web counter VISITORS SINCE JUNE, 2006

Wednesday, October 03, 2007

Thomas Pynchon's "Vineland"

My lack of time accounts for not having written anything in the month of September. My courses are keeping me extremely busy, and leave me with little or no time to read. It took me nearly a month to finish Nabokov's "Glory," and I am worst off with Pynchon's "Vineland." The novel begins with Zoyd Wheeler, a drop out hippie, last generation of tuned out people living away from the Nixonian Regime. But like every Pynchon novel, "Vineland" turns surreal before you can say "recluse writer," and trying to keep up with the appeareance of ridiculously named characters is enough to keep one entertained and occupied. I mean to say that it is, in many ways, an interesting and well-written novel. I like it and I wish I could actually have more time to devote to it. Here's a passage I thought particularly well-written:



"At some point he must have gone drifting off to sleep, and she hadn't noticed. She watched over him, hers for a while, allowing presence, his beauty, the fear at the base of her spine, the prurient ache in her hands.... at last, so swept and helpless, she leaned in to whisper to him her heart's overflow, and saw in the half-light that what she'd thought were closed eyelids had been open all the time. He'd been watching her. She let out a short jolted scream. Brock started laughing."



Pynchon is a master of the surreal, of that which they call Magic-Realism in Latin American literature of the Boom. I recognize some of the major influences, incredibly so Faulkner is included here. The novel turns into a cloak-and-dagger thing of sorts with all kinds of agents and double-agents raiding and driving the plot of the novel in continuos changes of persona. It is hard to believe I have been struggling with this novel for so long and I still have over 100 pages to go. Again, it is sad I haven't posted much since school began.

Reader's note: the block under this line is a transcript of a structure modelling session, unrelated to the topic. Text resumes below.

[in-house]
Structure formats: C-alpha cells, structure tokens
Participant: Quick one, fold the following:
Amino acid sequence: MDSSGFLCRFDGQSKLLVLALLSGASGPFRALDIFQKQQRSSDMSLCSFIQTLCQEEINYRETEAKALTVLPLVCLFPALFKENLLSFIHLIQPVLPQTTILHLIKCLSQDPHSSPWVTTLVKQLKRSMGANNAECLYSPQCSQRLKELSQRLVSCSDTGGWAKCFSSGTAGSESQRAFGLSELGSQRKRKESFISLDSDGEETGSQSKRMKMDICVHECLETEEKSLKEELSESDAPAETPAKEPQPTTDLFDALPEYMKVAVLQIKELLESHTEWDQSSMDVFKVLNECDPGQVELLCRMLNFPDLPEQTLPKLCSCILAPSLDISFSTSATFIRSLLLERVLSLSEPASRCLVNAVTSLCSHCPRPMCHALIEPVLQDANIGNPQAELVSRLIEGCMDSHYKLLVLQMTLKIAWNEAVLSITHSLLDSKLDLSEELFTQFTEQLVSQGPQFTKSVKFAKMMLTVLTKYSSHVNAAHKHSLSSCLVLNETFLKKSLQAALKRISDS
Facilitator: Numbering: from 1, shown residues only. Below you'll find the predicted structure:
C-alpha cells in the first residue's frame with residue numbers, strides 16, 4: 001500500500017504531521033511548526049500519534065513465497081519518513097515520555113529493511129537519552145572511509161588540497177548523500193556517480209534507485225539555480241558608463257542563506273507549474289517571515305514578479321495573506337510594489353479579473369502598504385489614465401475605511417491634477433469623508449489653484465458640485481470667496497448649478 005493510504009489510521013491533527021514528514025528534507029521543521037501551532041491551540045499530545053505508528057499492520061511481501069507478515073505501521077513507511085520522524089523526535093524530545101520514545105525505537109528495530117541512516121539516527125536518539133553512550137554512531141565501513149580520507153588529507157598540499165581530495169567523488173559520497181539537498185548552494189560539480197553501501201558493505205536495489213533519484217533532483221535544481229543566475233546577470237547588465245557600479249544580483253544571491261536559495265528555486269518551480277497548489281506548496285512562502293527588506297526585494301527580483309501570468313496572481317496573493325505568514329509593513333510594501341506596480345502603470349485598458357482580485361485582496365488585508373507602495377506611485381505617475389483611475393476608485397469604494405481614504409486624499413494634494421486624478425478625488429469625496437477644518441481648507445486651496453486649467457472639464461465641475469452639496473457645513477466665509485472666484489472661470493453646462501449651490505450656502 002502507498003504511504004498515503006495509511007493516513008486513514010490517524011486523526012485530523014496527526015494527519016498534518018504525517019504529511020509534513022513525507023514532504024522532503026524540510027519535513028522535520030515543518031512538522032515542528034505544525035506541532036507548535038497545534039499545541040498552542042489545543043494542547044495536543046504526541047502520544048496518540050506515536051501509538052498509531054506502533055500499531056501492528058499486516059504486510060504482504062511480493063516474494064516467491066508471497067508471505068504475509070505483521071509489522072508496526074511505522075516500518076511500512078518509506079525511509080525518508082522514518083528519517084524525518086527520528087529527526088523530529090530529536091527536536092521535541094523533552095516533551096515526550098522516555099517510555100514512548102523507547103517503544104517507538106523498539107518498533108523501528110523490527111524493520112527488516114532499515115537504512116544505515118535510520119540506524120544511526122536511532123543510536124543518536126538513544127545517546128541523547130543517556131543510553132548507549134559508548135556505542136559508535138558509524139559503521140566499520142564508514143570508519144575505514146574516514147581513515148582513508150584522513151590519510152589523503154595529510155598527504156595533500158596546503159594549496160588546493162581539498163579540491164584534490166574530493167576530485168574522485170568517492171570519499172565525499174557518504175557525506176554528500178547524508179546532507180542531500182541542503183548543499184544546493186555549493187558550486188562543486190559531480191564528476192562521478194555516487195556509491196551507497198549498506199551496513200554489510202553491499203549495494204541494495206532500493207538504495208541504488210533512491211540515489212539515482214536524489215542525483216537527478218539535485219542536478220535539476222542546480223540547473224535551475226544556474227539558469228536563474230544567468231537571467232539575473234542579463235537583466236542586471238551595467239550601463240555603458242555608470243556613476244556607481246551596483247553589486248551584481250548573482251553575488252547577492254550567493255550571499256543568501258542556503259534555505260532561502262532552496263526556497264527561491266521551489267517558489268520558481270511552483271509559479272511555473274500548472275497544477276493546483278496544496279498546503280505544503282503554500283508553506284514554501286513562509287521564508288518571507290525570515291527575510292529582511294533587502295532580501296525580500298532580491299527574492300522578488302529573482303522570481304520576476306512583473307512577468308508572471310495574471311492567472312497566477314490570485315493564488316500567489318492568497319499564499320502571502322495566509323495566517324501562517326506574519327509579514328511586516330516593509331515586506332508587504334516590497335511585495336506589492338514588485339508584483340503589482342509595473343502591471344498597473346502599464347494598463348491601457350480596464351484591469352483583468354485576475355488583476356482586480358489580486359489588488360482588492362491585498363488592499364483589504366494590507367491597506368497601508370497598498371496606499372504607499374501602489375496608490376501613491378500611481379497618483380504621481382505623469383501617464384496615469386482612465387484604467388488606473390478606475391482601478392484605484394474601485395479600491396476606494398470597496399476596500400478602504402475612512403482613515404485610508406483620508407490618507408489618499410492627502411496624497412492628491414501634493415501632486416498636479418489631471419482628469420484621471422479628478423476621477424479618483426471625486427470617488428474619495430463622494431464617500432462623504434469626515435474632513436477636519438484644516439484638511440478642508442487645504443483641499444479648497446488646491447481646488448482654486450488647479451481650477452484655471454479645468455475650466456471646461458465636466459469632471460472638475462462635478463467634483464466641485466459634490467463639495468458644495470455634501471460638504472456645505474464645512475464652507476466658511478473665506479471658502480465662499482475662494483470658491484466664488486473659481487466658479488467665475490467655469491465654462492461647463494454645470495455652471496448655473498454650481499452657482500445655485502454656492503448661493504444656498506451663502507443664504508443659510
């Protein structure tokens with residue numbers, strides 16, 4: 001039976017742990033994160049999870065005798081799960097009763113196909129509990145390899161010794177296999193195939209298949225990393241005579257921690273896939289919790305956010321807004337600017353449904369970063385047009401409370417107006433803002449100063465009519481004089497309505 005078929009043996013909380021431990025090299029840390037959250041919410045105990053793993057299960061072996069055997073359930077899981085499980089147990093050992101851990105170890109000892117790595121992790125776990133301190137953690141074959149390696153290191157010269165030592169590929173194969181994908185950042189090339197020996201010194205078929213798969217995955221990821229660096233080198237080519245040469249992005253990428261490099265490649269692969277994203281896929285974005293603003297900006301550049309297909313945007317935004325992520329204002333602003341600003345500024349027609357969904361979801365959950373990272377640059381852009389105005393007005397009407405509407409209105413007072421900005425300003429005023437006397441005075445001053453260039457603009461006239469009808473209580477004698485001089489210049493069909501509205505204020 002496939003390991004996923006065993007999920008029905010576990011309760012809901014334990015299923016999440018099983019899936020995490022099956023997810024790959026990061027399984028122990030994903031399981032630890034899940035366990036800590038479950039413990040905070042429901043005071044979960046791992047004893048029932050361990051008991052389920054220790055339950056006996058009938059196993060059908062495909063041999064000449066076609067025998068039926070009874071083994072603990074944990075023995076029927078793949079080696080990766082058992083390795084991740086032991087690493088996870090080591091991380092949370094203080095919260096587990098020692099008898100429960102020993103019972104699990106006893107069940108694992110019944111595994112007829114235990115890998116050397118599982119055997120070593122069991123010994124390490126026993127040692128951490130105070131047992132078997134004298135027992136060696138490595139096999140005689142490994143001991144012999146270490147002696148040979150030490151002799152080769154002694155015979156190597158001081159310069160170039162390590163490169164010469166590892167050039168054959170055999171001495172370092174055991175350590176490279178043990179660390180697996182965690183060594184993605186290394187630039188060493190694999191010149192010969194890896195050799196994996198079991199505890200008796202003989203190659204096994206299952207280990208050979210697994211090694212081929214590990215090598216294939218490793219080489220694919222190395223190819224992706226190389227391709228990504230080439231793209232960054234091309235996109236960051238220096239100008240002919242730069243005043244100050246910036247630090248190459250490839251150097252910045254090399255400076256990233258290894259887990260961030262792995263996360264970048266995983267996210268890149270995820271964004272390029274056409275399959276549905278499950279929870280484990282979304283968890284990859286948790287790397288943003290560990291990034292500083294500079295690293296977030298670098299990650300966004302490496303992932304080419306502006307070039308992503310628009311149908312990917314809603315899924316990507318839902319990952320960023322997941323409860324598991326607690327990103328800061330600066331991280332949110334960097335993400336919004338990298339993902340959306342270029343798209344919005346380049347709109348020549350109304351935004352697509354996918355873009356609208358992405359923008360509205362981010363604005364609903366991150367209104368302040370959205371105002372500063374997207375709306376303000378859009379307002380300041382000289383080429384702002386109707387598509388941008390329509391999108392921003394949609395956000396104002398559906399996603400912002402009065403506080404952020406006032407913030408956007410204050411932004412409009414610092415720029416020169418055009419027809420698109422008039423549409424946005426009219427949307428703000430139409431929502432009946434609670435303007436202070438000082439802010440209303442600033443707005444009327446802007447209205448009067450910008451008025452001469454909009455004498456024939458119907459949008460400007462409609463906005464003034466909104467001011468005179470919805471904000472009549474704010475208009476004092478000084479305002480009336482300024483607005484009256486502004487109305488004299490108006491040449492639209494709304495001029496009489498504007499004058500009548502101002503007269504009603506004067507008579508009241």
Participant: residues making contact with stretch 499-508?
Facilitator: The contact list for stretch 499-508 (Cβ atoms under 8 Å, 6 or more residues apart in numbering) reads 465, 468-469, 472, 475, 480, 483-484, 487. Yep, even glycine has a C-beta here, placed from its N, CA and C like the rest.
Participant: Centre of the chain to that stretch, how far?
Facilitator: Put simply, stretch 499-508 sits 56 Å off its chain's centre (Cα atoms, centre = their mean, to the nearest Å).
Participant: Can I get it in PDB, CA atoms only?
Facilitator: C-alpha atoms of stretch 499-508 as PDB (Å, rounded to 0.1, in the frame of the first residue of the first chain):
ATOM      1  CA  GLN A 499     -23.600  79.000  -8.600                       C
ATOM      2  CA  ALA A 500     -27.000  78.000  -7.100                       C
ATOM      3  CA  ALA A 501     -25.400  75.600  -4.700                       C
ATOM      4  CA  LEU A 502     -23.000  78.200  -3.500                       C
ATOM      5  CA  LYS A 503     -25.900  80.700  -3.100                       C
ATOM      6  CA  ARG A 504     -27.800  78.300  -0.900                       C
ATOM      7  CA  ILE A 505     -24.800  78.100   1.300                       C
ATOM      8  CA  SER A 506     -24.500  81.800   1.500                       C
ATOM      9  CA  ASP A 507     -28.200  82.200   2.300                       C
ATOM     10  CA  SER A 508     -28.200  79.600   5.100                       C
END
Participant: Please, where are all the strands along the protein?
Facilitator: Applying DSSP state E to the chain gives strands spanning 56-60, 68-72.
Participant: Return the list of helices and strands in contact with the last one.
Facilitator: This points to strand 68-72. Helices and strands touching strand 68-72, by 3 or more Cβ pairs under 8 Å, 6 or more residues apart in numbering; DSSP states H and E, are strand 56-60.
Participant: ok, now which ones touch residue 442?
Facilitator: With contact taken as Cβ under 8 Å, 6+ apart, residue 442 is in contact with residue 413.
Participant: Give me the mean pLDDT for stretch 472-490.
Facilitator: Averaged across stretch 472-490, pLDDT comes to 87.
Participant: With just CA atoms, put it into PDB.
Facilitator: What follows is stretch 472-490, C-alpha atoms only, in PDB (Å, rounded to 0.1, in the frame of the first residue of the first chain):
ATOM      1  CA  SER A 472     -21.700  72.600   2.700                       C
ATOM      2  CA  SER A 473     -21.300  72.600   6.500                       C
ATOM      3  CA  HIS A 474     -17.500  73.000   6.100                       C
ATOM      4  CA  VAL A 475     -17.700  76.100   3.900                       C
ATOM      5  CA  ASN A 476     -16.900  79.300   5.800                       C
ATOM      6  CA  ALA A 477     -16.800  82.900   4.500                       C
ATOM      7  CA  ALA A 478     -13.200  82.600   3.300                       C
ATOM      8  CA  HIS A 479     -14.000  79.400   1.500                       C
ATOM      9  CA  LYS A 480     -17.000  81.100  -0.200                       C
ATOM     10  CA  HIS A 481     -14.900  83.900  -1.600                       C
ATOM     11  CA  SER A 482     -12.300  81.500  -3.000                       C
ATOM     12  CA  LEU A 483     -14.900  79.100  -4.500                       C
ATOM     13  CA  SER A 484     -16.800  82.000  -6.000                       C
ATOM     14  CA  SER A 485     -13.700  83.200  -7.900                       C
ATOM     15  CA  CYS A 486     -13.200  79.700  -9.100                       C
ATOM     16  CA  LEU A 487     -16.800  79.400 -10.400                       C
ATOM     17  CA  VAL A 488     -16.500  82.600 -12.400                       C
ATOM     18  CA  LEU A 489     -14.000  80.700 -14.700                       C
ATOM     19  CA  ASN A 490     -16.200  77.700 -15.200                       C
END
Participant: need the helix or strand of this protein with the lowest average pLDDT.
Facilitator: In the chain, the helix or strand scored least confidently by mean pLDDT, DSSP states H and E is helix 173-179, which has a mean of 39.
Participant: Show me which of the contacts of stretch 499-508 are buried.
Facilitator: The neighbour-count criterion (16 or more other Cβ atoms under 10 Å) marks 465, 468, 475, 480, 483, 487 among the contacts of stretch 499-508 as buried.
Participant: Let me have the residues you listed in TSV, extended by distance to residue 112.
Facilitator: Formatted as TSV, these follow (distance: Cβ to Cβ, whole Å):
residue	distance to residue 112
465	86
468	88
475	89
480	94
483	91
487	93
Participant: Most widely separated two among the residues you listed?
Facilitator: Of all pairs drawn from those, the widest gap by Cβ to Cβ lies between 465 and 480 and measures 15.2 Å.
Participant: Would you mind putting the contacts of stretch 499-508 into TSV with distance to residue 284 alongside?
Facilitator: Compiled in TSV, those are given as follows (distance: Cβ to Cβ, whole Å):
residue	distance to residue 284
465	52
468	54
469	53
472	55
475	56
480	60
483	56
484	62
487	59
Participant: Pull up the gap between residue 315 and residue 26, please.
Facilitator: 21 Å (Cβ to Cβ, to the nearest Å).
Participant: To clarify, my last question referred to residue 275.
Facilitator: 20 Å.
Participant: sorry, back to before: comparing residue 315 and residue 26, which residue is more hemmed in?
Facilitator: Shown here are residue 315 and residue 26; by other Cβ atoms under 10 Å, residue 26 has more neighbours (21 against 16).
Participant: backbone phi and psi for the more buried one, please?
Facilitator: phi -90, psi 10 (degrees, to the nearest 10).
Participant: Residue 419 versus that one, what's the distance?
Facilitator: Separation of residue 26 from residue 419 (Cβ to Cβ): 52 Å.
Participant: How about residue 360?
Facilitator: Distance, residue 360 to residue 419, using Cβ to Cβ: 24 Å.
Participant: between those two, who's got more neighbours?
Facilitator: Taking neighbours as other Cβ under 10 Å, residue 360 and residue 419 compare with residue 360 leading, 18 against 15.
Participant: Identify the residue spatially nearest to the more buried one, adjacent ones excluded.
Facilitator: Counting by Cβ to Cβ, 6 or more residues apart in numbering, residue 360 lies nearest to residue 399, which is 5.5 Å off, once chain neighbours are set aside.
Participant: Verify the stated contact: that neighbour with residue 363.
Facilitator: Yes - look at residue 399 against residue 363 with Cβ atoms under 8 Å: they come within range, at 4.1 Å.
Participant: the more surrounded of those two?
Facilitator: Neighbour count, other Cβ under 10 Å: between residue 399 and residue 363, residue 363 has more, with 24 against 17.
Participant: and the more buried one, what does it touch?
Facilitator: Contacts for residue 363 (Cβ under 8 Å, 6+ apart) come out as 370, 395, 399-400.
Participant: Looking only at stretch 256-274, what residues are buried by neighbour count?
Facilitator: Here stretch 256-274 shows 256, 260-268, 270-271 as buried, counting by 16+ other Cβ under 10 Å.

I think my book list for the year has been shot. With only a few months to go I still have over ten books to read and at this pace I don't think I will be able to finish. That will be the first time I haven't been able to do so since 2005. Next year I am doing a full-year reading of Classics I have not yet read. There's a lot of Austen and Bronte I need to read, as well as more from antiquity and Dickens. Writing on the blog feels great again. I intend to make my rounds to my friends' blogs in the not so distant future.

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4 Comments:

At 8:52 PM, Blogger Kate S. said...

It's good to see you back blogging! I know what you mean about the way one's teaching duties can swallow up time. I'm finding my classes more onerous than usual this term as well. It doesn't seem to slow my reading--I think that I turn to books to unwind when I arrive home much the way some people turn to alcohol! But it has slowed my blogging considerably...

 
At 2:56 PM, Blogger Orange Blossom Goddess (aka Heather) said...

Glad you're back! You personal Classics Challenge sounds really good. I just bought a copy of Bleak House - I suddenly decided I needed to read Bleak House.

 
At 2:49 PM, Blogger david santos said...

IT LOOKS FOR HERE: http://www.interpol.int/public/thb/vico/default.asp

Wanted: search for this man photographed sexually abusing children
INTERPOL is seeking the help of the public to try to identify this man, photographed sexually abusing children in a series of images posted on the Internet.
The photos shown here are from a series of around 200 pictures involving 12 different young boys, believed to have been taken in Vietnam and Cambodia in 2002 or 2003.
These pictures have been produced by specialists from Germany’s federal police force, the Bundeskriminalamt, working from originals found on the Internet, which had been digitally altered to disguise the man’s face.
Extensive police efforts worldwide to identify the man have so far failed and Interpol is now enlisting the support of the media and the public to help identify him as a priority.
Anyone with information on his identity or whereabouts should contact their local police or INTERPOL’s Trafficking in Human Beings Unit via email.

http://www.interpol.int/public/thb/vico/default.asp

 
At 6:00 AM, Blogger Suzan Abrams said...

Hi JCR,
Looks like I've lost the comment I've
been writing out to you.
Thanks for remembering my blog and like the others, I'm glad you're back.
My own life has been haphazard.
I'm in Dublin at the moment but will be back in London in a few days and all that I can think about are my favourite bookshops. :-)
JCR, it's a pity I can't log in with my Wordpress blog, where I am currently. This is Behind the Curtain

 

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